Choudhury offers an example of how to get noticed in a sector such as advertising. Follow a slice of targeted companies on Twitter, so you can get completely up-to-date. Then start a blog observing what's happening in North America compared to Europe, for example. Download a campaign and blog about it, comparing continental differences, give opinions on Twitter and hash tag that company. "It won't happen overnight, but if you are consistent, [a company] will notice you," says Choudhury. "Even if they don't, it gives you a way to prove your passion."

While many professionals are sceptical about the value of Twitter, it's a minefield of job information – often the first way to hear about a job, and an excellent research tool. Building your presence is relatively straightforward, says Duff. Get a reasonable, professional looking headshot and use it across all social media channels to ensure consistent branding. "The other key thing is to write a killer bio. Really work on this one; you won't need to update it too often. LinkedIn, BraveNewTalent and Twitter are good places to put a really sharp, concise round up of what you have to offer."

While recruiters and MBAs say they favour LinkedIn as the most comprehensive network, other sites are also valuable. Most of the top-tier business schools operate closed forums for students and alumni to network – although etiquette dictates no direct appeals for jobs.

Cohorts tend to continue activity on closed Facebook pages even after graduation. Edinburgh Business School's Watercooler forum is an independent place to share information among students at one of the largest providers of online MBAs. Viadeo.com targets individual countries and specific professional groups in their own languages. Some recruiters are even beginning to use Pinterest, one of the fastest growing social sites worldwide.

"Social media has given candidates licence to express themselves beyond the confines of the traditional CV," says Nathan Bowles, CEO of recruiters Smart Solutions. He echoes the enthusiasm of many recruiters for social media. But, he says, it still hasn't replaced a solid CV.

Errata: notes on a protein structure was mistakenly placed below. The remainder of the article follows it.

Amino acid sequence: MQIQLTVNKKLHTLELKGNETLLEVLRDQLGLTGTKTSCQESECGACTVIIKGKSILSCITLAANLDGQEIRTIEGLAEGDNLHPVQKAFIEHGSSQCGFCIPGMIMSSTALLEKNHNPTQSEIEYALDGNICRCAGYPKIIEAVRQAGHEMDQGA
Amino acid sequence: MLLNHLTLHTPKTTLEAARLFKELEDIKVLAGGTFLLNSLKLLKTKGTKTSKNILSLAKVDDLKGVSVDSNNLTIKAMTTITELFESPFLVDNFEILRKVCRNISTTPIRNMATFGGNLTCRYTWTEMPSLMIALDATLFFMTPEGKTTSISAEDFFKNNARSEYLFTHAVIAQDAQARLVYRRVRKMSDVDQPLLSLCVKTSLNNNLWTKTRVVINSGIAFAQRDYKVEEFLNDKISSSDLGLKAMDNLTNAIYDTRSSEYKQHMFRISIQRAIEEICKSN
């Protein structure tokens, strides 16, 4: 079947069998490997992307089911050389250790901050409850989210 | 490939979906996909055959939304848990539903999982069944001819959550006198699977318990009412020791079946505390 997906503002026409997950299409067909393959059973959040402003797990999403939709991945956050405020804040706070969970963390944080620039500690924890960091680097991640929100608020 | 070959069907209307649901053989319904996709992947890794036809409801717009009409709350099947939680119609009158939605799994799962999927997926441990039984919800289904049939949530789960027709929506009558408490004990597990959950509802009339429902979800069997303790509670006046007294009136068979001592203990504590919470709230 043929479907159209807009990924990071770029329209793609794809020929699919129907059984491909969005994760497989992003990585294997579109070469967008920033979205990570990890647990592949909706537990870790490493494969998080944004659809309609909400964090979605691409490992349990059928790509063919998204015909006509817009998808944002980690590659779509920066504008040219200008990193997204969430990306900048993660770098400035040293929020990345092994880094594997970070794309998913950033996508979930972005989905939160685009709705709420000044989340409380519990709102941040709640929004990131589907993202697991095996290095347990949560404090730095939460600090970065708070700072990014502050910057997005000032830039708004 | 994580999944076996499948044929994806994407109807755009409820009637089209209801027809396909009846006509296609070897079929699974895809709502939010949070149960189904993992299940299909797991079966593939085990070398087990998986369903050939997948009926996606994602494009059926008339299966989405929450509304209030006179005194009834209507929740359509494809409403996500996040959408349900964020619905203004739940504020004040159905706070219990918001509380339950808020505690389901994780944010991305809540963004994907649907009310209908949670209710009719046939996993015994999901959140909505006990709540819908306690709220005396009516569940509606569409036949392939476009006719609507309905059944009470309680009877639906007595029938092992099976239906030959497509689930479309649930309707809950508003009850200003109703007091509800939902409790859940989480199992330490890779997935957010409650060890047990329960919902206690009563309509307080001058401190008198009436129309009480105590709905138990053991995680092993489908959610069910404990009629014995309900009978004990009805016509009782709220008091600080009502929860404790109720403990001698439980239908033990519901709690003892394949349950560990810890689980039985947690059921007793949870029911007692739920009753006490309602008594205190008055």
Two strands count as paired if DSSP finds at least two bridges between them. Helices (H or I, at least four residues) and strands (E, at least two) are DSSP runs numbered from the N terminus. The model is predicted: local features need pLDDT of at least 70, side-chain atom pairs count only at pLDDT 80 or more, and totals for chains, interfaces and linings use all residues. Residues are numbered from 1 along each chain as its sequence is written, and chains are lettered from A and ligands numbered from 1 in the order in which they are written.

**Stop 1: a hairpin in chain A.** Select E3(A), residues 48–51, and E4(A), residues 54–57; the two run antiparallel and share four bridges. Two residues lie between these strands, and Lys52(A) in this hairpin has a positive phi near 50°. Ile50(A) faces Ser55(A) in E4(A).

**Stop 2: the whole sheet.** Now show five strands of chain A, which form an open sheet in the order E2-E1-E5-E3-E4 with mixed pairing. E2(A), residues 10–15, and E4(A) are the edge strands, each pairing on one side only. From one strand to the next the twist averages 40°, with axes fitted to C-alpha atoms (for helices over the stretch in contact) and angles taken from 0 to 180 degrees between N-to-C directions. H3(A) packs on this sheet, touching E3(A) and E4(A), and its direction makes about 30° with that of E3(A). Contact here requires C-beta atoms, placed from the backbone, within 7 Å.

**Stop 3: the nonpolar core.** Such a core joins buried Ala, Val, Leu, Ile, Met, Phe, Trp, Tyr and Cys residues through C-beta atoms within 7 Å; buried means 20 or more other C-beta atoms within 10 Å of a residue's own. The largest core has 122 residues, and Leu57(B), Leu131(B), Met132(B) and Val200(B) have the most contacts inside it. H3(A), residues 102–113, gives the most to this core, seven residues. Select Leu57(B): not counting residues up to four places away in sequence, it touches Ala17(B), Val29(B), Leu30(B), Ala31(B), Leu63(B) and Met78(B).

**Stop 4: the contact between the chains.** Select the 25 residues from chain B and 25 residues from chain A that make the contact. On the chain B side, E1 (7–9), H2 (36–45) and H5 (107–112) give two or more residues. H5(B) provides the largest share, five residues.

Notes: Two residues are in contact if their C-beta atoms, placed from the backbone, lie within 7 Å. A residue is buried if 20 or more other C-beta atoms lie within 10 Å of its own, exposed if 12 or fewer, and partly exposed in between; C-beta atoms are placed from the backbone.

What recruiters say

'It's an integral part of head hunting'

"We use social media as an integral part of our graduate and experienced hire recruitment strategy in terms of head hunting, general attraction and engagement. LinkedIn is an excellent way of establishing yourself as an expert in your field." Sammie Stapleton, PricewaterhouseCoopers

"Although using social media to recruit and search for jobs is very much in vogue at the moment, I do not see CVs being replaced just yet." Iestyn Morris, Capital Law

"All good professional recruiters use online and social media to head hunt and recruit talent." Sarah Hopkins, ResourceBank Recruitment

"Social recruiting has the ability to go viral and find talent using the six degrees of separation approach." Thomas Volkert, SuccessFactors

"There's no point jumping on the latest bandwagon if it's not reaching the people you need. We've found the majority of graduates aren't yet using LinkedIn as widely as we would have thought." Ashley Hever, Enterprise Rent-A-Car

"Pinterest is still very new but the increase in users has been phenomenal so it seems right to experiment." Kate Lavender, TBG Digital

"The primary function of LinkedIn is a networking tool, so while the information provides a good overview, profiles do not offer the detail and insight into the candidate that is needed." Mike Spurr, Wickland Westcott